Justice Department Investigating Standard & Poor's

An investigation opens to see if an analyst's decision was ever influenced by the business.

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The Justice Department has begun an investigation into shady business practices at Standard & Poor's before the financial collapse in 2008, The New York Times reports. The investigation into the world's largest credit agency began before S&P downgraded the United States' credit rating from AAA to AA+>. S&P scored huge profits off bestowing high ratings on over-valued mortgage bundles making them "less risky and more valuable," without foreseeing the oncoming housing collapse or its effects. The Justice Department is investigating whether or not the business side of Standard & Poor's used their leverage to skew the ratings on any of the loan in a quest for more profit:

In the mortgage inquiry, the Justice Department has been asking about instances in which the company’s analysts wanted to award lower ratings on mortgage bonds but may have been overruled by other S.& P. business managers, according to the people with knowledge of the interviews. If the government finds enough evidence to support such a case, which is likely to be a civil case, it could undercut S.& P.’s longstanding claim that its analysts act independently from business concerns.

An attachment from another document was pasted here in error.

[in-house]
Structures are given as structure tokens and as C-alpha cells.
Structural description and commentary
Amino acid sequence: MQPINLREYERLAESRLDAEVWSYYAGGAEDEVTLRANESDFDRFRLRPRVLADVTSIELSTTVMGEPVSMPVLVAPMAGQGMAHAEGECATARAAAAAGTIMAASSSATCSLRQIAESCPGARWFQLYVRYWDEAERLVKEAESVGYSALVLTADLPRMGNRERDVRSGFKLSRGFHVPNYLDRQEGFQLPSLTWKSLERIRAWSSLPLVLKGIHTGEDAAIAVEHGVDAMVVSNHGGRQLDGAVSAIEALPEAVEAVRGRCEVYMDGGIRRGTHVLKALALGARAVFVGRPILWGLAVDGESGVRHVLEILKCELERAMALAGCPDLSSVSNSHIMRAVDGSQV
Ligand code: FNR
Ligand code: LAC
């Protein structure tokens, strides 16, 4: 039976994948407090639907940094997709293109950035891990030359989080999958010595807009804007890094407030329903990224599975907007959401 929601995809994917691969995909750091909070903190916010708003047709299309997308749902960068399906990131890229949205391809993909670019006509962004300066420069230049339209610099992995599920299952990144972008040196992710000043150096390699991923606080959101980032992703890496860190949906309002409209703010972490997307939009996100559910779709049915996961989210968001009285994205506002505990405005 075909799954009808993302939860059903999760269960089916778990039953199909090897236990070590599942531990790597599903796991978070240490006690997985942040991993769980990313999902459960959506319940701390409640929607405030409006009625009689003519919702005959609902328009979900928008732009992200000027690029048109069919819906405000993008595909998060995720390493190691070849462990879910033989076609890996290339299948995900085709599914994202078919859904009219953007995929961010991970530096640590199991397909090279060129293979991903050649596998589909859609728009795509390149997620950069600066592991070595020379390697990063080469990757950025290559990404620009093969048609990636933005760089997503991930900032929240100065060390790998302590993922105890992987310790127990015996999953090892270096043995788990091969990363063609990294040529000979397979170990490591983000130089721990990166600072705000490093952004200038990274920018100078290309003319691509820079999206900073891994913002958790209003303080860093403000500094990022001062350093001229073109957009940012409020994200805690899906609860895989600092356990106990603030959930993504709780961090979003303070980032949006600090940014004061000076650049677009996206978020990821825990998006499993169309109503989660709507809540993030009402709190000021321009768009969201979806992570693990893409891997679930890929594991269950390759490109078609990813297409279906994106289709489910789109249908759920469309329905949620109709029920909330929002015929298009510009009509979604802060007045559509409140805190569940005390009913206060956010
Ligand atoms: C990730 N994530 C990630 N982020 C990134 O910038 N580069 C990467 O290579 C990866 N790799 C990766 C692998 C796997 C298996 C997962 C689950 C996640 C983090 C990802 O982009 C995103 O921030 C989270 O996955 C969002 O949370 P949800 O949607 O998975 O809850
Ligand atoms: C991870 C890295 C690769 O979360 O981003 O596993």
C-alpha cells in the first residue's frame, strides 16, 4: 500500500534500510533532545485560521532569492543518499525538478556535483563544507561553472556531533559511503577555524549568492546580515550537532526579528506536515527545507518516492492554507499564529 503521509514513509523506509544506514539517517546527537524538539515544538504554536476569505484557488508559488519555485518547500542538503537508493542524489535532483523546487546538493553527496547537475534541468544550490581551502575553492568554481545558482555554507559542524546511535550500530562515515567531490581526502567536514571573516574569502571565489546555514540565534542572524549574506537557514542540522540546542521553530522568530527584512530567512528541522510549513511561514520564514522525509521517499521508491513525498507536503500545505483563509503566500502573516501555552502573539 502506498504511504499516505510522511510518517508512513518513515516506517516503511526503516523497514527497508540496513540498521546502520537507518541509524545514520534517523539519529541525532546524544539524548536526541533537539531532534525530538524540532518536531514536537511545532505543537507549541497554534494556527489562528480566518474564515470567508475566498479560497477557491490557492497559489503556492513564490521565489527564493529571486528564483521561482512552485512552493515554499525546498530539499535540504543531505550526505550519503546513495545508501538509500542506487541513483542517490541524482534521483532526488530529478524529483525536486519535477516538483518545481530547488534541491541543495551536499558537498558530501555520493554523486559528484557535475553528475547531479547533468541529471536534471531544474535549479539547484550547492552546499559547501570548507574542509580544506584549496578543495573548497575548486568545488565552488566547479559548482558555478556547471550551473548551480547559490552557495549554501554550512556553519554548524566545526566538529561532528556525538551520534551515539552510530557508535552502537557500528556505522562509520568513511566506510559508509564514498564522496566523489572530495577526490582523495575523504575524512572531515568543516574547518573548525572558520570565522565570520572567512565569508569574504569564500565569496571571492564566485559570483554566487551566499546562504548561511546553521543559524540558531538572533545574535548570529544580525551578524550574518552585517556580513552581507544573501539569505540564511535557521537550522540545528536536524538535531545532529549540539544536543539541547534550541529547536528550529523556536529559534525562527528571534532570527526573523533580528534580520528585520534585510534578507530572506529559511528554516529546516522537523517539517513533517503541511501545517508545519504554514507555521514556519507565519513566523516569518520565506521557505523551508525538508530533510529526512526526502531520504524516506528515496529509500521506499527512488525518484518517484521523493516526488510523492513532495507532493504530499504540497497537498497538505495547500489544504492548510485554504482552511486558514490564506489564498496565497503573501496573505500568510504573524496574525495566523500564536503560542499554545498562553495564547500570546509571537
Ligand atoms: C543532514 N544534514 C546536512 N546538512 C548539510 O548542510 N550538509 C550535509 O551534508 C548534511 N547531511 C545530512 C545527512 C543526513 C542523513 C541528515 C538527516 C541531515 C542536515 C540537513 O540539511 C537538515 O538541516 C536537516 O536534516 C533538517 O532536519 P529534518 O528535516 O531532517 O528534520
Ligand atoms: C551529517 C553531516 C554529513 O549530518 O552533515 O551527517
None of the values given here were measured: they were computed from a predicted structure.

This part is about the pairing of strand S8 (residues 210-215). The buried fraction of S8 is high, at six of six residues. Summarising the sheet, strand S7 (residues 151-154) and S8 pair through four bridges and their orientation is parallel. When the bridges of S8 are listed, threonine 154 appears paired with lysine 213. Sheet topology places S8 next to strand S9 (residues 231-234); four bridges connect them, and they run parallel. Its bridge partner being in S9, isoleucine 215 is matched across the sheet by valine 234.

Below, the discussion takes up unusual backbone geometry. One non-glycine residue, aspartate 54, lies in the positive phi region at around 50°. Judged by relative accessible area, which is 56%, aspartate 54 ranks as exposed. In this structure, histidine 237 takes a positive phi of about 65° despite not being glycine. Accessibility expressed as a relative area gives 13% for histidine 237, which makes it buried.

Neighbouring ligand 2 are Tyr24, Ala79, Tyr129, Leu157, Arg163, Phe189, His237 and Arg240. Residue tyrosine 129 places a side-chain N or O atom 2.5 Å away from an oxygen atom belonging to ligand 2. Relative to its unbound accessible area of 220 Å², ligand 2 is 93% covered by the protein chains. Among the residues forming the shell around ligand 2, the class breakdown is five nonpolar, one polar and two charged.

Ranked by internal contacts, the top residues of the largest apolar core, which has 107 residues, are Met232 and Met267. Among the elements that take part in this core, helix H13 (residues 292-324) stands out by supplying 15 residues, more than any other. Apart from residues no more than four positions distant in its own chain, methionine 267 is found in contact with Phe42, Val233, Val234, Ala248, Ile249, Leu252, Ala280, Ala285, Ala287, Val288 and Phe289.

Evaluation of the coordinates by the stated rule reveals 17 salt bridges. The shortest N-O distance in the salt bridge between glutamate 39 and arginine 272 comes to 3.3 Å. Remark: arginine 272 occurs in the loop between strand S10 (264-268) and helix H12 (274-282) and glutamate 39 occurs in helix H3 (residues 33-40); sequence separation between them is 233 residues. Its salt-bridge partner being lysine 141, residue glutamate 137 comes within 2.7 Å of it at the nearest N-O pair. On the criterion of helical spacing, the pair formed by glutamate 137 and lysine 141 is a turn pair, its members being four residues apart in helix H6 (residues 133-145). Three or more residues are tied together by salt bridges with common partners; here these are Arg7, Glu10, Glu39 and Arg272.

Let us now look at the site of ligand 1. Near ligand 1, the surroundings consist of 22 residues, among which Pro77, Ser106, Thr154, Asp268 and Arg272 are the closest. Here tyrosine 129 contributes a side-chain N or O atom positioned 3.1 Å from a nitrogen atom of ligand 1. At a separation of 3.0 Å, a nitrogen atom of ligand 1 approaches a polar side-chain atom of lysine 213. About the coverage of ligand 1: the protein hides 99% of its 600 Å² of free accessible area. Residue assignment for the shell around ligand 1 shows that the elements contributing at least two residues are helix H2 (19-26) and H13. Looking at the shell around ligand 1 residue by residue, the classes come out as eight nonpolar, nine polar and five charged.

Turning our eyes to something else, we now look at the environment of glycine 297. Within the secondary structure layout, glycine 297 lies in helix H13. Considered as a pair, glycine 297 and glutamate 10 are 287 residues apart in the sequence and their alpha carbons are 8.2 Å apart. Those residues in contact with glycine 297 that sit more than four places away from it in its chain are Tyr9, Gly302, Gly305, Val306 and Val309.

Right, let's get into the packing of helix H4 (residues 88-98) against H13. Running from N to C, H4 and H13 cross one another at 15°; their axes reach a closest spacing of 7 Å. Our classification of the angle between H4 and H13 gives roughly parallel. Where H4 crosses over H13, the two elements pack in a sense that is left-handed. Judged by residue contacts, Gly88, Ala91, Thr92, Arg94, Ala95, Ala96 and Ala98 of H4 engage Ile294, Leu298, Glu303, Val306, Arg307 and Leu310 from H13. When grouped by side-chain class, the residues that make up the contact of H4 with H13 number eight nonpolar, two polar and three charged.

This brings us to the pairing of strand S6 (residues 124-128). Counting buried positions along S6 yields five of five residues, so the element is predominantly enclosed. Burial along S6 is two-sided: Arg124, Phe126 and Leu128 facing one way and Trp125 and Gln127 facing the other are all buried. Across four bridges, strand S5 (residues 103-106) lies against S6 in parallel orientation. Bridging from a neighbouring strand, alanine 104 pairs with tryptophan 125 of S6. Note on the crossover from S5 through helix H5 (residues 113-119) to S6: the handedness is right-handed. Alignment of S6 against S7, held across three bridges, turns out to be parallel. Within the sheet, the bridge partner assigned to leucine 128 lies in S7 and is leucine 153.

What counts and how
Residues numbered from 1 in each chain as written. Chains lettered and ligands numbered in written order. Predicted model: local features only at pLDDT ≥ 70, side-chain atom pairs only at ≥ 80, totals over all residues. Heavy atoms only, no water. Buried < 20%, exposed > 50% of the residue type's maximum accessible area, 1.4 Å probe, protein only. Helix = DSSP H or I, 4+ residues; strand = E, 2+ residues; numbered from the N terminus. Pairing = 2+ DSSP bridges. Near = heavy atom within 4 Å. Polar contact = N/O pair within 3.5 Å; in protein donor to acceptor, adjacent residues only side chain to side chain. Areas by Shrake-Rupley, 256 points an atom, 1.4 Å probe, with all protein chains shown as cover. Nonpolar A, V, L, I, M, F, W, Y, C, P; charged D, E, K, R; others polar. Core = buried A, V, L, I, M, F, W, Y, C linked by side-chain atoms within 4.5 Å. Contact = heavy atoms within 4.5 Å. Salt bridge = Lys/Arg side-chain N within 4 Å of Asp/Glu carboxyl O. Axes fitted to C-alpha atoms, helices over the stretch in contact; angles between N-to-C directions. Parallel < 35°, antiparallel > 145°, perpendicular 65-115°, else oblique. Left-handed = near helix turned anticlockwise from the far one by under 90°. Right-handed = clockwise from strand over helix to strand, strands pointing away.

The SEC are also investigating S&P for any "possible wrongdoing." For now, S&P is the only ratings agency being looked at by the SEC and the Justice Department. The SEC "may be" looking at Moody's or Fitch, and it's "unclear" if the Justice Department is. Richard Sylla, a professor at NYU, told The Times a case from the Justice Department would have "a major impact if there was a successful fraud case that would suggest there would be momentum for legislation that would force them to change their business model." Right now, the ratings agency makes money off the companies they rate, which leaves the door open for an improved rating in exchange for customer satisfaction.

This article is from the archive of our partner The Wire.